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Japan nuclear threat: The tsunami is the bigger tragedy
21 March 11 05:55 ET

By David Spiegelhalter
Professor of the Public Understanding of Risk, Cambridge University

The apocalyptic visions of destruction brought by the Japanese earthquake and subsequent tsunami have been largely replaced in the media this week by reports of the struggle to control radiation from the stricken Fukushima nuclear plant.
This provides a gripping narrative - a brave team battling to contain the threat, warnings of catastrophe and claims of incompetence, families desperate to protect their children and leave the area.
But perhaps the media coverage tells us more about ourselves than it does about the threat of radiation.
Psychologists have spent years identifying the factors that lead to increased feelings of risk and vulnerability - and escaped radiation from nuclear plants ticks all the boxes.
It is an invisible hazard, mysterious and not understood, associated with dire consequences such as cancer and birth defects. It feels unnatural.
Perception and reality
In contrast, few in the west of England seem concerned at the natural radiation they are exposed to from the earth in the form of the gas radon, even though it is estimated to lead to more than 1,000 cancer deaths a year in this country.
But if radiation comes from an accident and has been imposed on us unwillingly, we feel we can't control it or avoid it.
It is therefore not surprising that the psychological effects of man-made and unintended radiation exposure, or even its possibility, are strong.
Many of the thousands of servicemen exposed to A-bomb tests suffered lifelong disability similar to post-traumatic stress disorder, and any effects of Three Mile Island were psychological, rather than caused by the minimal radiation exposure.
It has been estimated that 17 million were exposed to significant radiation after Chernobyl and nearly 2,000 people have since developed thyroid cancer having consumed contaminated food and milk as children.
This is very serious, but nothing like the impact that had been expected, and a UN report identified psychological problems as the major consequence for health.
The perception of the extreme risk of radiation exposure is also somewhat contradicted by the experience of 87,000 survivors of Hiroshima and Nagasaki, who have been followed up for their whole lives.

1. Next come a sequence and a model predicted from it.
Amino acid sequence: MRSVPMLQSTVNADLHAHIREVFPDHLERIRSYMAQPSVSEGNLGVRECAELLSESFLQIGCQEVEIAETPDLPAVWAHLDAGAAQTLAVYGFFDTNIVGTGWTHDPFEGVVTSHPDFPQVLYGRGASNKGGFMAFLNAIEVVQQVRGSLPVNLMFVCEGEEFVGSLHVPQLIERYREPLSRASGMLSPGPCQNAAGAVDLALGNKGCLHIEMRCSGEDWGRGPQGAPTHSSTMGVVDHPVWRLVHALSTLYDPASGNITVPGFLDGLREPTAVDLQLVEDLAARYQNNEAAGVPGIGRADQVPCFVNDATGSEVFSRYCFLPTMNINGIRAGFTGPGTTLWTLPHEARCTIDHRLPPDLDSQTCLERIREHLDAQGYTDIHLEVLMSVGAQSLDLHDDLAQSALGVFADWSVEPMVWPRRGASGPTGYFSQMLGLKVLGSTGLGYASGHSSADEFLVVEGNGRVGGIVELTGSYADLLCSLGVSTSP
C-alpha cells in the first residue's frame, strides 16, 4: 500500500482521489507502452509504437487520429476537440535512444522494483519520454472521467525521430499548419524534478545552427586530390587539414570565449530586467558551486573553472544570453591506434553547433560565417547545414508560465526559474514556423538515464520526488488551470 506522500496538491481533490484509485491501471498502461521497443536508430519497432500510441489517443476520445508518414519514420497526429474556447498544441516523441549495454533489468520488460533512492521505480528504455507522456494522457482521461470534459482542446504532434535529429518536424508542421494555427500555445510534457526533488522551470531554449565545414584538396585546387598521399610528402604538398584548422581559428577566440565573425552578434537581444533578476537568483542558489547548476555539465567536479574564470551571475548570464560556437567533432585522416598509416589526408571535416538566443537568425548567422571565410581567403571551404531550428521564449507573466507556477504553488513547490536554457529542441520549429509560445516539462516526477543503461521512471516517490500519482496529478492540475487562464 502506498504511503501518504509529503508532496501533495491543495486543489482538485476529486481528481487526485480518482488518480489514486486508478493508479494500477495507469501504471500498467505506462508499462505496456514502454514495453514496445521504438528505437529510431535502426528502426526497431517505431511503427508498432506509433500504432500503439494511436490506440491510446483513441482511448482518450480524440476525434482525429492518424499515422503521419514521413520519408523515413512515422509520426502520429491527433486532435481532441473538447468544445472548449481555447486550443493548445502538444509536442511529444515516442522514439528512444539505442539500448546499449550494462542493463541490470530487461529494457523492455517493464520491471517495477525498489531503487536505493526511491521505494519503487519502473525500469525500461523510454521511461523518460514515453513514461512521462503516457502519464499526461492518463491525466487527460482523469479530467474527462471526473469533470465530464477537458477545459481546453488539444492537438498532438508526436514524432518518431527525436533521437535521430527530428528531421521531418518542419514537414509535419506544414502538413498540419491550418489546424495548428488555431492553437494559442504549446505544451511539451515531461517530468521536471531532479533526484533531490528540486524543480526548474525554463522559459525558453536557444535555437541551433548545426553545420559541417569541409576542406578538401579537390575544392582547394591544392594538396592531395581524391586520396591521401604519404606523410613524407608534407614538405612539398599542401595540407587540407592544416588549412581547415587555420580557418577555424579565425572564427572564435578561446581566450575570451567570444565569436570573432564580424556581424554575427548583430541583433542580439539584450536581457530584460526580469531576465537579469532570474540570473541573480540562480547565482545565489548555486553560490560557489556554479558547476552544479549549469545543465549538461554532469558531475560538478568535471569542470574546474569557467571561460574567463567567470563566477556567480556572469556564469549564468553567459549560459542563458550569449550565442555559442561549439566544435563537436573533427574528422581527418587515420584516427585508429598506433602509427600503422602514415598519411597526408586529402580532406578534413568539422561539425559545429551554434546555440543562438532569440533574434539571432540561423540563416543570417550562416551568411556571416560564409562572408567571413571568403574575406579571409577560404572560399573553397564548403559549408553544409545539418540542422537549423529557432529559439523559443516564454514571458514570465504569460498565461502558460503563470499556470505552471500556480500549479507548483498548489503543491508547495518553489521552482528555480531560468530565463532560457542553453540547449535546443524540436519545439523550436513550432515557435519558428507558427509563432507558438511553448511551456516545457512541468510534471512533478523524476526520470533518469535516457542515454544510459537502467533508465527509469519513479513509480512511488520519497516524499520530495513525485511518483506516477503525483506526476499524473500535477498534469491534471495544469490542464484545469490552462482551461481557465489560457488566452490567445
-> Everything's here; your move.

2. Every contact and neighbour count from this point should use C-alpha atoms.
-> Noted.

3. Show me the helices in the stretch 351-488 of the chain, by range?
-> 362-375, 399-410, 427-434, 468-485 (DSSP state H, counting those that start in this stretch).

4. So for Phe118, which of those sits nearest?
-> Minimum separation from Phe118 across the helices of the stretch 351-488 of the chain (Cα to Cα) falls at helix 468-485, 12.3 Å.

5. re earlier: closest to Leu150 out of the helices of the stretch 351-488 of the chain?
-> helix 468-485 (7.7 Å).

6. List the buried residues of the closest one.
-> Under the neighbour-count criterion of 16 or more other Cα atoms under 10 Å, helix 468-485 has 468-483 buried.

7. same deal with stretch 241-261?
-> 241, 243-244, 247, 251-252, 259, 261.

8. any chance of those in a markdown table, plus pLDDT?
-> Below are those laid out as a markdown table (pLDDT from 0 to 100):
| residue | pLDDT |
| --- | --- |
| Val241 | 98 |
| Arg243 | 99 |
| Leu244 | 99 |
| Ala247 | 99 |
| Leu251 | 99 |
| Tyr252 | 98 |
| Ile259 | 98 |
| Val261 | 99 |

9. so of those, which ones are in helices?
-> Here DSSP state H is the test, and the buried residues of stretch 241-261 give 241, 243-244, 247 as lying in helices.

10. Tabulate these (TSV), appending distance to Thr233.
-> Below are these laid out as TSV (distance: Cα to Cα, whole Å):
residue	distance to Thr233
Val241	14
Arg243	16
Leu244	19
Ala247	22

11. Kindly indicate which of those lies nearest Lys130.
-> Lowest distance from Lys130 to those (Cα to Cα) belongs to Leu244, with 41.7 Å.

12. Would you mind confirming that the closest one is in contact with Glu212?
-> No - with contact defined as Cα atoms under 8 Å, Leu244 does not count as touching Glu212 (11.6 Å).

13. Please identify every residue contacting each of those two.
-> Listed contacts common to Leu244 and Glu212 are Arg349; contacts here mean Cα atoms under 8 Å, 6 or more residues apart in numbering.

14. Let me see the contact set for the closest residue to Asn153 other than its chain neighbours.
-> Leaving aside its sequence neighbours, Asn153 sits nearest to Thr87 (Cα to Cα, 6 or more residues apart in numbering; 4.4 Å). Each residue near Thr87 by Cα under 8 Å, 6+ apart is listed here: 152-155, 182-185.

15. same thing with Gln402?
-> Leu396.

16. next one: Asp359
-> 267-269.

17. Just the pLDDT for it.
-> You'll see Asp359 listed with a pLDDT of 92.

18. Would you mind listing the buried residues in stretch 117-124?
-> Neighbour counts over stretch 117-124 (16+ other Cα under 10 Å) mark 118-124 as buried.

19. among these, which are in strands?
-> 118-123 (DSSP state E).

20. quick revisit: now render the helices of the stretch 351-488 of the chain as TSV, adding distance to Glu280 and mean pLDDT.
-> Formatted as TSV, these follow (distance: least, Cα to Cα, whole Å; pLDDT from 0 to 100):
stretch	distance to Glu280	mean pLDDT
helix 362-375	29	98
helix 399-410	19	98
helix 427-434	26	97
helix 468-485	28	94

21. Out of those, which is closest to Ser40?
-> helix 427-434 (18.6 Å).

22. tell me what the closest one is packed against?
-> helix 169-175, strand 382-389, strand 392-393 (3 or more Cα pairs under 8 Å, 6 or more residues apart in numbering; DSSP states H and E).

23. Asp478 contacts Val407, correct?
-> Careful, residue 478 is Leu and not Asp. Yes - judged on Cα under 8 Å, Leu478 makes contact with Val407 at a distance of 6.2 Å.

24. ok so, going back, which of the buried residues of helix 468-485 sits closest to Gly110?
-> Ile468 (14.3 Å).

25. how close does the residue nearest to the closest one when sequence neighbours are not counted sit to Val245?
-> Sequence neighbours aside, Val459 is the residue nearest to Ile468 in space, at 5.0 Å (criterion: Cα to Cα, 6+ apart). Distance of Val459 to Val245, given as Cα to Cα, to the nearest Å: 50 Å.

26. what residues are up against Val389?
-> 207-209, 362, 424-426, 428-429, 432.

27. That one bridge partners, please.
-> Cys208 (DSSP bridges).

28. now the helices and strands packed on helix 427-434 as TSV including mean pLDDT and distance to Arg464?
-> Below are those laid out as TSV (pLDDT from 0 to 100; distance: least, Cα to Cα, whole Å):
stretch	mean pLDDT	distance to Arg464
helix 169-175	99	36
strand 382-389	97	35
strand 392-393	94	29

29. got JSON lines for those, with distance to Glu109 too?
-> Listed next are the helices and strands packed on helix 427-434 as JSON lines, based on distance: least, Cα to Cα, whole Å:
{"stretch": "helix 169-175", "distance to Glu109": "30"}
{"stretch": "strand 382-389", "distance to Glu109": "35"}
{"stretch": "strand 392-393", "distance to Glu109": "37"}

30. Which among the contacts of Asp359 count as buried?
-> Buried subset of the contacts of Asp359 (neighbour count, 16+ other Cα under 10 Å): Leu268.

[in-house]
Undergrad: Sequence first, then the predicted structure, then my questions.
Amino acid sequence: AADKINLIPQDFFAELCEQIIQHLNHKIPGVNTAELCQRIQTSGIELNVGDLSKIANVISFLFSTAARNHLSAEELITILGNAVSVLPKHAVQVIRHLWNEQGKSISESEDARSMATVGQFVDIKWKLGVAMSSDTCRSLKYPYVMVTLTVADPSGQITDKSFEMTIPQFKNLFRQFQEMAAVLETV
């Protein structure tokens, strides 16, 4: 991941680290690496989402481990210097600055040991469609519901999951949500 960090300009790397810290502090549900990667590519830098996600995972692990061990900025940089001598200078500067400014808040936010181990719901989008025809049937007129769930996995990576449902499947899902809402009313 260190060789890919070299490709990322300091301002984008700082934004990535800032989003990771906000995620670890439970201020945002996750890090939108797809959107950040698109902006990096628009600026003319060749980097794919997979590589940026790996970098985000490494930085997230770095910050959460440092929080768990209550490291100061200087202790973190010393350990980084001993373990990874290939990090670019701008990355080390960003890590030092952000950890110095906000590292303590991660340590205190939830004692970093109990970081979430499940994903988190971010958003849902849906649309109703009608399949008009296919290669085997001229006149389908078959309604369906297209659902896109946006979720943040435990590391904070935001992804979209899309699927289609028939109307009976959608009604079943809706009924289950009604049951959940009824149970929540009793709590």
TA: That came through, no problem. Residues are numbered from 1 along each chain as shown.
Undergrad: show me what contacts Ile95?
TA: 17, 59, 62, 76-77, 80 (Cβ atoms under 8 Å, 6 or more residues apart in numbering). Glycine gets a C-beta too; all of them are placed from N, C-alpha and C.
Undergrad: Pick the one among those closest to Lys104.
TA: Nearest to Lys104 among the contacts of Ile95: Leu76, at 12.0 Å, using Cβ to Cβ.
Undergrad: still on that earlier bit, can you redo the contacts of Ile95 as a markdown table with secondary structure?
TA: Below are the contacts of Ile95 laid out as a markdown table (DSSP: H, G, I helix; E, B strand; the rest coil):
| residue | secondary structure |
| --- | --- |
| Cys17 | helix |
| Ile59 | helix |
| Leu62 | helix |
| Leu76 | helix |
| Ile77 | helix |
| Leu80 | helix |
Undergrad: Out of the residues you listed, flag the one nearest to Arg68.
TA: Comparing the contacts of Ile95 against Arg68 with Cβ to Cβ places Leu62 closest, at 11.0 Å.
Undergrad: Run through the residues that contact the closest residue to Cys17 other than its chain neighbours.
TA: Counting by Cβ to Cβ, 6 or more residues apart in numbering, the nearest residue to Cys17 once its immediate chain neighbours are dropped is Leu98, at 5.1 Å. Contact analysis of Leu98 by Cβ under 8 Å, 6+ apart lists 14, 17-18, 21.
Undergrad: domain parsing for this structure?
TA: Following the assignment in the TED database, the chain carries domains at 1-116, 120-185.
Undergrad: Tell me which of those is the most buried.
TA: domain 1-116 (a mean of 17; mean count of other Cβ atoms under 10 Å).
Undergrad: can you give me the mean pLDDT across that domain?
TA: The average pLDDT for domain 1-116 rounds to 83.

By 1992, over 40,000 had died, but it has been estimated that only 690 of those deaths were due to the radiation. Again, the psychological effects were major.
Radiation does, however, feel acceptable when used in benign circumstances such as medical imaging. You can pay £800 ($1000) and get a whole-body CT scan as part of a medical check-up, but it can deliver you a dose equivalent to being 1.5 miles from the centre of the Hiroshima explosion.
Because more than 70 million CT scans are carried out each year, the US National Cancer Institute has estimated that 29,000 Americans will get cancer as a result of the CT scans they received in 2007 alone.
Barrage of opinions
Given extreme public concerns, risk communication in a crisis is vital.
The accepted wisdom is for governments to be open and honest, without denial or premature reassurance, to own up to risks and uncertainties, and to keep up a constant flow of consistent information while giving people clear instructions and something to do.
The Japanese authorities are struggling.
The electricity company appears to be as secretive as its reputation suggested and although the Japanese media are mostly giving the government an easy ride, individuals able to follow western sources are faced with a barrage of conflicting opinions.
The EU Energy Commissioner may have his own reasons for making extraordinary statements about apocalypse and imminent catastrophe.
The UK government's Chief Scientific Adviser Sir John Beddington, meanwhile, has had to revise his previously optimistic assessment to include the "worst case scenario" of radiation reaching Tokyo, albeit at a level which could be protected against.
Even under this worst case, though, the direct health consequences of the nuclear accident would be very small compared with the thousands already killed by the earthquake and tsunami, let alone the continued suffering of the survivors.